- 3. Tejwani SG, Cohen SB, Bradley JP. Management of Morel-Lavallee lesion of the knee: twenty-seven cases in the national football league. Am J Sports Med. 2007;35 (7): 1162-7. doi:10.1177/0363546507299448 - Pubmed citation
- 4. Morel-Lavallée. "Décollements traumatiques de la peau et des couches sous-jacentes." Arch Gen Med 1863; 1:20 –38, 172–200, 300–332
- 5. Neal C, Jacobson JA, Brandon C et-al. Sonography of Morel-Lavallee lesions. J Ultrasound Med. 2008;27 (7): 1077-81. J Ultrasound Med (full text) - Pubmed citation
- 6. Kalaci A, Karazincir S, Yanat AN. Long-standing Morel-Lavallée lesion of the thigh simulating a neoplasm. Clin Imaging. 31 (4): 287-91. doi:10.1016/j.clinimag.2007.01.012 - Pubmed citation
- 7. Mellado JM, Bencardino JT. Morel-Lavallée lesion: review with emphasis on MR imaging. Magn Reson Imaging Clin N Am. 2005;13 (4): 775-82. doi:10.1016/j.mric.2005.08.006 - Pubmed citation
- 8. Mukherjee K, Perrin SM, Hughes PM. Morel-Lavallee lesion in an adolescent with ultrasound and MRI correlation. Skeletal Radiol. 2007;36 Suppl 1 : S43-5. doi:10.1007/s00256-006-0122-4 - Pubmed citation
- 9. Takahara S, Oe K, Fujita H et-al. Missed massive morel-lavallee lesion. Case Rep Orthop. 30;2014: 920317. doi:10.1155/2014/920317 - Free text at pubmed - Pubmed citation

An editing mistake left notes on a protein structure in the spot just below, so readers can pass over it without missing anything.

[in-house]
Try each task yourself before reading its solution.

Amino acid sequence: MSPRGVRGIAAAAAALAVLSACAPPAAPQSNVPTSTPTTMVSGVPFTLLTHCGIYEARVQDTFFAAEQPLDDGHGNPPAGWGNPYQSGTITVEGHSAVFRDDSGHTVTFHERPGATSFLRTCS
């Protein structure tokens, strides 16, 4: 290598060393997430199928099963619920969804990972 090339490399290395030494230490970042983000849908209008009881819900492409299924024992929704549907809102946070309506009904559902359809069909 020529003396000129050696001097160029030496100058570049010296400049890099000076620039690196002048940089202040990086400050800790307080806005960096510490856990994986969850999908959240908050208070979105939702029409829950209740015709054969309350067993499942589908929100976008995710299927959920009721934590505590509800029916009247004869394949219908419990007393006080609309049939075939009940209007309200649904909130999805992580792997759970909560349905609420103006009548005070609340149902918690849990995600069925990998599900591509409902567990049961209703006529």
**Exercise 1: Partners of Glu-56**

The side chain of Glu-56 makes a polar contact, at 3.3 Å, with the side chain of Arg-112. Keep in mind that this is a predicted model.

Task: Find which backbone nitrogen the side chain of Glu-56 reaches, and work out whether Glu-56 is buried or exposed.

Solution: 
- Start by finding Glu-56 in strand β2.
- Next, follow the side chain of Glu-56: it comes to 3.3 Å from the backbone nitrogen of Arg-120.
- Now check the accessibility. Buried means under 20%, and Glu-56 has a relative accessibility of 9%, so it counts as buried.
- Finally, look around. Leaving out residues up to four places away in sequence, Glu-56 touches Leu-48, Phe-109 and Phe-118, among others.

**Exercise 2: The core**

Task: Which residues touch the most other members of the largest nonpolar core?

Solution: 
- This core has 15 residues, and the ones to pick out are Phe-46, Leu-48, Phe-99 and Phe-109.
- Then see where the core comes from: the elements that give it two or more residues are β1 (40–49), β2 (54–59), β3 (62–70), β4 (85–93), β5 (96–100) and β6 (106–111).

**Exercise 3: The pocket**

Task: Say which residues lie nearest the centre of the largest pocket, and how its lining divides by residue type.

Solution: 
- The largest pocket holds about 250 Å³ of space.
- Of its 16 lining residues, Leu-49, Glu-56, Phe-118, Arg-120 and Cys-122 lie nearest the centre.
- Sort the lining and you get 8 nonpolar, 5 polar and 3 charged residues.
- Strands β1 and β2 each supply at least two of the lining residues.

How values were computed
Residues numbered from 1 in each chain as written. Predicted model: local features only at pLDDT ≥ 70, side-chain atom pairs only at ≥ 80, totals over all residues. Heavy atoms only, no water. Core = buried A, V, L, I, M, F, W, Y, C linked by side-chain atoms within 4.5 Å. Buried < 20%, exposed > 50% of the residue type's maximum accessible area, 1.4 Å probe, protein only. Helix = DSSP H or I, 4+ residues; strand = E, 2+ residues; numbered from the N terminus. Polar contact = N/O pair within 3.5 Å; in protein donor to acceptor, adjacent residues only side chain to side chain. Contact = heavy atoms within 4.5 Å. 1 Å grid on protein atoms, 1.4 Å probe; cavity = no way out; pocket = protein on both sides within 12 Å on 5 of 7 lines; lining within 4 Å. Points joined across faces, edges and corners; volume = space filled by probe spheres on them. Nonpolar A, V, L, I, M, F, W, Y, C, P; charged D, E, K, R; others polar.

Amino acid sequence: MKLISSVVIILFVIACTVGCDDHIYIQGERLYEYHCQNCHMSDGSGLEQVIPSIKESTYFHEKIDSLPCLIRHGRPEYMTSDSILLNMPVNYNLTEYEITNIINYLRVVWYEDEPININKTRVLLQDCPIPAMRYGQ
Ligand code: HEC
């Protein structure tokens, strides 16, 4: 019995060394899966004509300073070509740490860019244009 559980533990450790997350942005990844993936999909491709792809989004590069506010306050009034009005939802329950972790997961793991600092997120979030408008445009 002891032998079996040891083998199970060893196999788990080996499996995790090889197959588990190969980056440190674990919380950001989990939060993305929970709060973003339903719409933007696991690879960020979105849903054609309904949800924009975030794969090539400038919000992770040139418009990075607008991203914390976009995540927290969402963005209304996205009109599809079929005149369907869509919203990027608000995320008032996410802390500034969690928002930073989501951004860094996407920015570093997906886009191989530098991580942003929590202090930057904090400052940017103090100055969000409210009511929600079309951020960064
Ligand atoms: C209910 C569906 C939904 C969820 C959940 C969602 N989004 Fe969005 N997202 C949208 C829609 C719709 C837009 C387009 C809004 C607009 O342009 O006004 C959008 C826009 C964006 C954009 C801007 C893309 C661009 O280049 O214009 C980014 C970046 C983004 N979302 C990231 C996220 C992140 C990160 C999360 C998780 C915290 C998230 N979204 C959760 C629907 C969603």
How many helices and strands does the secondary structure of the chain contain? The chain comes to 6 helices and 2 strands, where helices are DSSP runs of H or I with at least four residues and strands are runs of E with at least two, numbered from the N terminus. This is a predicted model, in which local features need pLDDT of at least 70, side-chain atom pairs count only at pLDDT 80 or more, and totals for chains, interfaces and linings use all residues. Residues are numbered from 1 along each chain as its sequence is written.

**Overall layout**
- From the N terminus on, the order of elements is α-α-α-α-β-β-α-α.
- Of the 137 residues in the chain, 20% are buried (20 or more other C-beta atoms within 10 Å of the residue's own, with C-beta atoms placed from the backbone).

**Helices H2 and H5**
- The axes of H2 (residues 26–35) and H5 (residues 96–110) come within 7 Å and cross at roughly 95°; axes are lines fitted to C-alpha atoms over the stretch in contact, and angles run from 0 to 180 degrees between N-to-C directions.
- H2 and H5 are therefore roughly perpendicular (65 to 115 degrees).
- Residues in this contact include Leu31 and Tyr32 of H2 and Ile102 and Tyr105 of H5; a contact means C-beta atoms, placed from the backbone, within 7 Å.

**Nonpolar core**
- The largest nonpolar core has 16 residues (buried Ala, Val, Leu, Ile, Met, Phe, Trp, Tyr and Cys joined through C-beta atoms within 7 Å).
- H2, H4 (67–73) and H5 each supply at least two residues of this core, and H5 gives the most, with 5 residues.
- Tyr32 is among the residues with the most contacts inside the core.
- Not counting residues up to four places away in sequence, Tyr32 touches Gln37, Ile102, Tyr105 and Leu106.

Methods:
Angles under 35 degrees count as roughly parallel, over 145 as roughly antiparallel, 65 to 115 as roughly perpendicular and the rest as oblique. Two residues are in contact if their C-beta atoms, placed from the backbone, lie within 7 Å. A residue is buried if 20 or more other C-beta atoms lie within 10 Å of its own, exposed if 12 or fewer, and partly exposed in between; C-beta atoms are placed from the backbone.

- 10. Nair AV, Nazar P, Sekhar R et-al. Morel-Lavallée lesion: A closed degloving injury that requires real attention. Indian J Radiol Imaging. 2014;24 (3): 288-90. doi:10.4103/0971-3026.137053 - Free text at pubmed - Pubmed citation
- 11. McLean K, Popovic S. Morel-Lavallée Lesion: AIRP Best Cases in Radiologic-Pathologic Correlation. (2017) Radiographics : a review publication of the Radiological Society of North America, Inc. 37 (1): 190-196. doi:10.1148/rg.2017160169 - Pubmed
- 12. Tineke De Coninck, Filip Vanhoenacker, Koenraad Verstraete. Imaging Features of Morel-Lavallée Lesions. (2018) Journal of the Belgian Society of Radiology. 101 (S2): 15. doi:10.5334/jbr-btr.1401 - Pubmed
- 13. Evangelia E. Vassalou, Aristeidis H. Zibis, Vasileios A. Raoulis, Ioannis P. Tsifountoudis, Apostolos H. Karantanas. Morel-Lavallée Lesions of the Knee: MRI Findings Compared With Cadaveric Study Findings. (2018) American Journal of Roentgenology. 210 (5): W234-W239. doi:10.2214/AJR.17.18614 - Pubmed
- 14. Diviti S, Gupta N, Hooda K, Sharma K, Lo L. Morel-Lavallee Lesions-Review of Pathophysiology, Clinical Findings, Imaging Findings and Management. (2017) Journal of clinical and diagnostic research : JCDR. 11 (4): TE01-TE04. doi:10.7860/JCDR/2017/25479.9689 - Pubmed
- 15. Spain JA, Rheinboldt M, Parrish D, Rinker E. Morel-Lavallée Injuries: A Multimodality Approach to Imaging Characteristics. (2017) Academic radiology. 24 (2): 220-225. doi:10.1016/j.acra.2016.08.029 - Pubmed
- 16. Hussein K, White B, Sampson M, Gupta S. Pictorial review of Morel-Lavallée lesions. (2019) Journal of medical imaging and radiation oncology. 63 (2): 212-215. doi:10.1111/1754-9485.12854 - Pubmed